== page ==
Variety does have a time and a place.
However, the biggest obstacle to progress in most people's training isn't lack of VARIETY, but rather lack of mastery.
Variety is often the ENEMY of making strength progress
Most people never experience their true potential with strength, higher skilled movements, or overall fitness because they never allow themselves enough time to get comfortable and follow progression with a particular lift or movement. They are too busy chasing those endorphins from simply doing more and going fast, wondering while those that slowed down and progressed with intention are fitter than them even though they are BLASTING every workout with 110% effort.
Who wants to perform the same old bench press and sumo deadlifts with "boring" rest in between when you can add bands, perform them on one leg, and crush yourself on bike intervals between sets?
If strength is the goal, just sticking to the basic deadlift and focusing on nailing every set with intention and adding a little bit to the bar each week is likely the best approach.
If ENTERTAINMENT/NOVELTY is the goal, cool, go ahead strap on those bands, stand on one leg, and kill those sprints between your sets.
Master the Simple Stuff
We give an award at COMPLETE called the Award of Virtuosity. This is given to our "best movers" who "constantly focus on the details." It shouldn't come as a surprise that the winners of this award are often the strongest/most capable athletes in the gym. When they move, they move with purpose. They focus on the basics and "doing the common, uncommonly well"
Mastering the basics becomes impossible if we are constantly changing things just to provide excitement or filling our program with extra movements so we do not get bored.
Achieving variety doesn't need to be fancy or excessive. Making small adjustments to your grip, stance, implement used, or adding pauses to a movement can be far more powerful and effective than introducing multiple new elements.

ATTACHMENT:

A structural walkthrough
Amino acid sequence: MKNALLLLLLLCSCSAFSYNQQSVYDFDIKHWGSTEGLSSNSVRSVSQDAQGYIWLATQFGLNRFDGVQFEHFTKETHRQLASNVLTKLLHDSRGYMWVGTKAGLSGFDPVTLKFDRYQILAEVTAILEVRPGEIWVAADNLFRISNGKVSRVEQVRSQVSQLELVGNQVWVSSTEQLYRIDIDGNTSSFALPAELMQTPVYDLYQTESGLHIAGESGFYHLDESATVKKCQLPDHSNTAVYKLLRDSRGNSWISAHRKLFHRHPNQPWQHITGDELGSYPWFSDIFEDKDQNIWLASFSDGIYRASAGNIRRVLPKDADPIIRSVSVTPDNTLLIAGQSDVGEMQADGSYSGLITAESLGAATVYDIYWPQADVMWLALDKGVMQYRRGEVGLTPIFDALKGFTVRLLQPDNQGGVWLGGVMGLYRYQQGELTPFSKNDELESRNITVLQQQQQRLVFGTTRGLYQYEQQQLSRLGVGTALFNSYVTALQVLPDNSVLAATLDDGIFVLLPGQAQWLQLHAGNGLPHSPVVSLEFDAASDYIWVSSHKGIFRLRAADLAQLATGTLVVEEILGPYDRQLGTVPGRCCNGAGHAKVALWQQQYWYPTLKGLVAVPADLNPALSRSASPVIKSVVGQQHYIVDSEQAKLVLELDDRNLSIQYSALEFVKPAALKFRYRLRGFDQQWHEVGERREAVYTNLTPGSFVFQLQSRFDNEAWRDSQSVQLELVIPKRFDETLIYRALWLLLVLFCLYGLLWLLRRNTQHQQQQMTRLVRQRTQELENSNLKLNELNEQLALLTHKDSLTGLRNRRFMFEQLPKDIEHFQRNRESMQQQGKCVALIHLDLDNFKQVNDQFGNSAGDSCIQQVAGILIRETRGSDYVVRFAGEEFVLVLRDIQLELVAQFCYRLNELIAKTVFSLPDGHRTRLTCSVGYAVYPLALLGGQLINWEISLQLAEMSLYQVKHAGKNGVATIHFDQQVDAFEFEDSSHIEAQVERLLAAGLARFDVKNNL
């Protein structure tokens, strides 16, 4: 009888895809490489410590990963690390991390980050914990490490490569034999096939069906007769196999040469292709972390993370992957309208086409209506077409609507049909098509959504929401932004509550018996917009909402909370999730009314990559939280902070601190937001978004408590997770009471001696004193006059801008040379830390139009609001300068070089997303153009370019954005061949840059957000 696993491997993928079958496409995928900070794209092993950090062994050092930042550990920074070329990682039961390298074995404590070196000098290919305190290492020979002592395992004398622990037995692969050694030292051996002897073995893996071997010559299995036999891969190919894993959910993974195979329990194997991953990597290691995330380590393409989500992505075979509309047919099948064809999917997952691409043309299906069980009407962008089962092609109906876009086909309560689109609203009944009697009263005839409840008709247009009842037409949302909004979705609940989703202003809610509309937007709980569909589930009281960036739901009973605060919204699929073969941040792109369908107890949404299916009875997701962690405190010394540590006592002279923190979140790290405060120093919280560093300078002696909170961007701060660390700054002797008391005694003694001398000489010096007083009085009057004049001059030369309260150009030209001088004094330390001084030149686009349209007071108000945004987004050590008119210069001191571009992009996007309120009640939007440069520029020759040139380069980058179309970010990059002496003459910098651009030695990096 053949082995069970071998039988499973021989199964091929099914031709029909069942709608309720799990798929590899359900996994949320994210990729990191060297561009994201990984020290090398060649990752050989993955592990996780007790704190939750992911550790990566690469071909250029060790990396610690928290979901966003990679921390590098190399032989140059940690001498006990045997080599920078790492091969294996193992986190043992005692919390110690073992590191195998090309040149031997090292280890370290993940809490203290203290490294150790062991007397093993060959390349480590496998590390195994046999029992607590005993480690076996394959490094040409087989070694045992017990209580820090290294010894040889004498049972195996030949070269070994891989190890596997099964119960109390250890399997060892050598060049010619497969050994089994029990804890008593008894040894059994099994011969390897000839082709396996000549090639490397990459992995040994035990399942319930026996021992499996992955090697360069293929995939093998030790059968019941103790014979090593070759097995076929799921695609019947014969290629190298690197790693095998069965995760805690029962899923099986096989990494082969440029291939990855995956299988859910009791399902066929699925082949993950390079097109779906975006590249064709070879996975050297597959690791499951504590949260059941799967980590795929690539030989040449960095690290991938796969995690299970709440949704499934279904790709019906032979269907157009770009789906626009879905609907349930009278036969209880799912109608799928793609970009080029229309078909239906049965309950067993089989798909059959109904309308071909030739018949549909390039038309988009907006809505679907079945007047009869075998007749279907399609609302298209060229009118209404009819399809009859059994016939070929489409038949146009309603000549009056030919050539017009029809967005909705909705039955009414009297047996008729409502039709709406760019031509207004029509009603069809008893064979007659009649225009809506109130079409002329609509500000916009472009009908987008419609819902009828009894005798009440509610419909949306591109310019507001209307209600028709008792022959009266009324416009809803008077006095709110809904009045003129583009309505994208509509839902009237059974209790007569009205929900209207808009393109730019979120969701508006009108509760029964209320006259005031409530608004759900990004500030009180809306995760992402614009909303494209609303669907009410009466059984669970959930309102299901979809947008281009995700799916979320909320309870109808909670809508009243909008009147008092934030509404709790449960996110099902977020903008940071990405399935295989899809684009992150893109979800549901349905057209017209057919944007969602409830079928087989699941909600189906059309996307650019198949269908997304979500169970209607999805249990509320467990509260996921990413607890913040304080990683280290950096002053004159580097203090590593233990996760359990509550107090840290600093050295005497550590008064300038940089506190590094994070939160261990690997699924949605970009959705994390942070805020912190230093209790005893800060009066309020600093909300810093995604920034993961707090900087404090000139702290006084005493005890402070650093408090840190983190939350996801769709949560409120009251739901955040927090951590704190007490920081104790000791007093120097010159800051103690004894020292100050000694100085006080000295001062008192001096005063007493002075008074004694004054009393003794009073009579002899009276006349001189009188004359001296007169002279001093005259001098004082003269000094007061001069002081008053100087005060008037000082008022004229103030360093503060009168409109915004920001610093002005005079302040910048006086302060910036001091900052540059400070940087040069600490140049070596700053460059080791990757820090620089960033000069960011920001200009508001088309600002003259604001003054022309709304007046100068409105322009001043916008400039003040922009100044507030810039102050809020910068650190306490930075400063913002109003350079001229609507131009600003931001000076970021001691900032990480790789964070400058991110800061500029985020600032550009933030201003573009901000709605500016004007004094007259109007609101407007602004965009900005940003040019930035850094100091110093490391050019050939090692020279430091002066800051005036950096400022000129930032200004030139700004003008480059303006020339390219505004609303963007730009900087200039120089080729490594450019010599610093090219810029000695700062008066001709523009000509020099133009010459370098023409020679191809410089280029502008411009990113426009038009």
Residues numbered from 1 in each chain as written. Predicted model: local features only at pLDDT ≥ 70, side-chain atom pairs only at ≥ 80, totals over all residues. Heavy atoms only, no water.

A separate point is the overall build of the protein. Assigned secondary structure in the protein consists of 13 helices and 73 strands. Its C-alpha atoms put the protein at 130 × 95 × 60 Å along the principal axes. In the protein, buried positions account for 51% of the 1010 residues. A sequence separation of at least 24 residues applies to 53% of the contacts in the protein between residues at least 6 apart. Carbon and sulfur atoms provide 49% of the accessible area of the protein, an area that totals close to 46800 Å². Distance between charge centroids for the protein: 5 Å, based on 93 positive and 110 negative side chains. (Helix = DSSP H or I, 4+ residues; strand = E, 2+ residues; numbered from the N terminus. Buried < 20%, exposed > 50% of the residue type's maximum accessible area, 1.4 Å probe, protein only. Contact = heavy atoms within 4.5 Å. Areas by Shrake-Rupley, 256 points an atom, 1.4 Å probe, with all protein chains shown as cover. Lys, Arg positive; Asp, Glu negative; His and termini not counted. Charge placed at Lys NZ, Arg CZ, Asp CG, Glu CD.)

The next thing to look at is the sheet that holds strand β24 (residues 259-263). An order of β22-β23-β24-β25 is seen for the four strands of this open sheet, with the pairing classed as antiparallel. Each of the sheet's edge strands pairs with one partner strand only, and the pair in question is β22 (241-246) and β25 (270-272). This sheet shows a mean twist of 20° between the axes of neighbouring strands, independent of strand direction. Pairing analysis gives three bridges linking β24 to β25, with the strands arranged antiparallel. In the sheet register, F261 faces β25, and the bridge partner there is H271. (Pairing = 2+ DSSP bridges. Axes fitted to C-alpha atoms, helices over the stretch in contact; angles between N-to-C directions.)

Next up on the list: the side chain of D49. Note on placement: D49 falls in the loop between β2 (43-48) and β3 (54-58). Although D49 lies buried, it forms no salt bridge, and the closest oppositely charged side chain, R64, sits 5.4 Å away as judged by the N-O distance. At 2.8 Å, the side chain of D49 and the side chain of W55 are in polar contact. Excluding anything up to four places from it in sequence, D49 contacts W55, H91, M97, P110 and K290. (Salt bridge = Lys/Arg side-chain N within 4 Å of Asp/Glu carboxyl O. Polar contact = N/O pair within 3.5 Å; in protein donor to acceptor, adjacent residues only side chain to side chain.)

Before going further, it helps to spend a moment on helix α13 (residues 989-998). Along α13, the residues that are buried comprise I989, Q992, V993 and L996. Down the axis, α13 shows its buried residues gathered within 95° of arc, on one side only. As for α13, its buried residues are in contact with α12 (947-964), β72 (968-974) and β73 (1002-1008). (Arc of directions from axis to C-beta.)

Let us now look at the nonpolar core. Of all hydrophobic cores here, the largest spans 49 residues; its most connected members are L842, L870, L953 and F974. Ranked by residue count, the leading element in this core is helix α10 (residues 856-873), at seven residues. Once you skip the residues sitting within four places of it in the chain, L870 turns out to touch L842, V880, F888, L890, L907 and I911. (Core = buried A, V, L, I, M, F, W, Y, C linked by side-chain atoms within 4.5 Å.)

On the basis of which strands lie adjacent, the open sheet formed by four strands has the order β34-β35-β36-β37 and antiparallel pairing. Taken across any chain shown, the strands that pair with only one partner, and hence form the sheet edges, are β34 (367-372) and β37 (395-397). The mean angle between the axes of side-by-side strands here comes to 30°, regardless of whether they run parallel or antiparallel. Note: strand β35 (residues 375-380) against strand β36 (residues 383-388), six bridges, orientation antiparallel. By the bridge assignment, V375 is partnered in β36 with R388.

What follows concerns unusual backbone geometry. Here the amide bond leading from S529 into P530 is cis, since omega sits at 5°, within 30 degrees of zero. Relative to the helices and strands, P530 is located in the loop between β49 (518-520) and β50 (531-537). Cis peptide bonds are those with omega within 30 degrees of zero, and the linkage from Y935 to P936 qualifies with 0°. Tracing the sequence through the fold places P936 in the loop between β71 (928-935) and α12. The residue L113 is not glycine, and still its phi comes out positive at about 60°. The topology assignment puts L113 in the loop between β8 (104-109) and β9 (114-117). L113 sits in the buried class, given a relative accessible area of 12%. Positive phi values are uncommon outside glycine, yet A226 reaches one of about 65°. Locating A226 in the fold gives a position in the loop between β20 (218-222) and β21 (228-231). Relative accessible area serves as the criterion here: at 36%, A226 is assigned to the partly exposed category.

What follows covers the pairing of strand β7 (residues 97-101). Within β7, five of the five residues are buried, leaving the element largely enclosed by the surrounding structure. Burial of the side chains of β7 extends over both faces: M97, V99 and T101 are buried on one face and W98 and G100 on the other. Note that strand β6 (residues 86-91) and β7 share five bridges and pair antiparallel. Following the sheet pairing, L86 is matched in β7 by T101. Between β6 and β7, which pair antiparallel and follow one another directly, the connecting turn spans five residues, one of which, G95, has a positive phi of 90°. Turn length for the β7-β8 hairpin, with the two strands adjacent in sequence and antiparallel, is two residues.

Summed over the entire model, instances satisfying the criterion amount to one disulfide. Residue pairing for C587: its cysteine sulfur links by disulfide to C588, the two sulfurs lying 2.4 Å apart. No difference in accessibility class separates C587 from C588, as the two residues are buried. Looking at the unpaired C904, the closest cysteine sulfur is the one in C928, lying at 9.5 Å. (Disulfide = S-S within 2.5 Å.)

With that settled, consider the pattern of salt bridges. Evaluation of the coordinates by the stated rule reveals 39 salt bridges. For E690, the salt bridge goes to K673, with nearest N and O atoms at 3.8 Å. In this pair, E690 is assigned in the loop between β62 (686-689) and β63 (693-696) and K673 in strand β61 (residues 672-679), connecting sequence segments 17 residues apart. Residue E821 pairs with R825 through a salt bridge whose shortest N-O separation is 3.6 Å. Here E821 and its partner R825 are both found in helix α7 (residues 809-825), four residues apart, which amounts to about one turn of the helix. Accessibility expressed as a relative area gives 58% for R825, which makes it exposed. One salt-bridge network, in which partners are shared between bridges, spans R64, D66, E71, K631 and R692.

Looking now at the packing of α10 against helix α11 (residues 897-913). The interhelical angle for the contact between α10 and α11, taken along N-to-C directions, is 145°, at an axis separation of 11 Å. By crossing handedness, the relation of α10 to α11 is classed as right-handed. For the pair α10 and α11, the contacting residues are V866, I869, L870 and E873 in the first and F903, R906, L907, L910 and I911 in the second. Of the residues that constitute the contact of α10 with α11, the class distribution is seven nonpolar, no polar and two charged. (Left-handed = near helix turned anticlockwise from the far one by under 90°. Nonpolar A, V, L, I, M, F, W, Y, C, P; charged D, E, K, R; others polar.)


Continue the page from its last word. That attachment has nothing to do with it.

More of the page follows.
The mark of great programming is generally not what is in the programming, instead, it is WHATS'S NOT IN THE PROGRAMMING.
This is why it is very important to consider the approach to Accessory Work/More movements during a STRENGTH PHASE
We want to avoid adding extra or new exercises simply for the sake of Doing MORE, Doing something cool, or Doing something different.
It is likely that using less variety and focusing on mastering the basics (great technique, focus, and progressive overload) + pouring full effort and intention into each set is a more effective path to progress.
Less QUANTITY, more QUALITY.
If we do too much nothing is given the effort, intention, and intensity needed to create adaptation (PROGRESS!)
TAKE A BREAK - Rest and Recovery is Vital for TRUE Strength training
Recovery between workouts and slowing down and focusing in sessions during strength development is so important and too much variety can sabotage these important principles.
YOU NEED LONGER REST PERIODS AND ADEQUATE RECOVERY DURING PURE STRENGTH TRAINING.
It is often counterproductive to add conditioning, volume, or extra movements that STEAL YOUR MOJO AND RECOVERY for what matters.
You have to be fresh for each set during training and recovering between sessions to maximize STRENGTH STIMULUS!
You should Expect to slow down and be rested in order to give maximum effort and focus to each strength set
Again, this is why in a good strength program you will RARELY see accessory work between working sets - More variety is not always better
THIS IS BY DESIGN TO HELP YOU BUILD STRENGTH AND RECOVER
Enjoy the slower paced strength sessions and lesser volume.
Embrace the opportunity to focus on lifting heavier and perfecting movement.
Tired is not the goal, progress is the goal. Don't confuse the two!
Progressive Overload Is King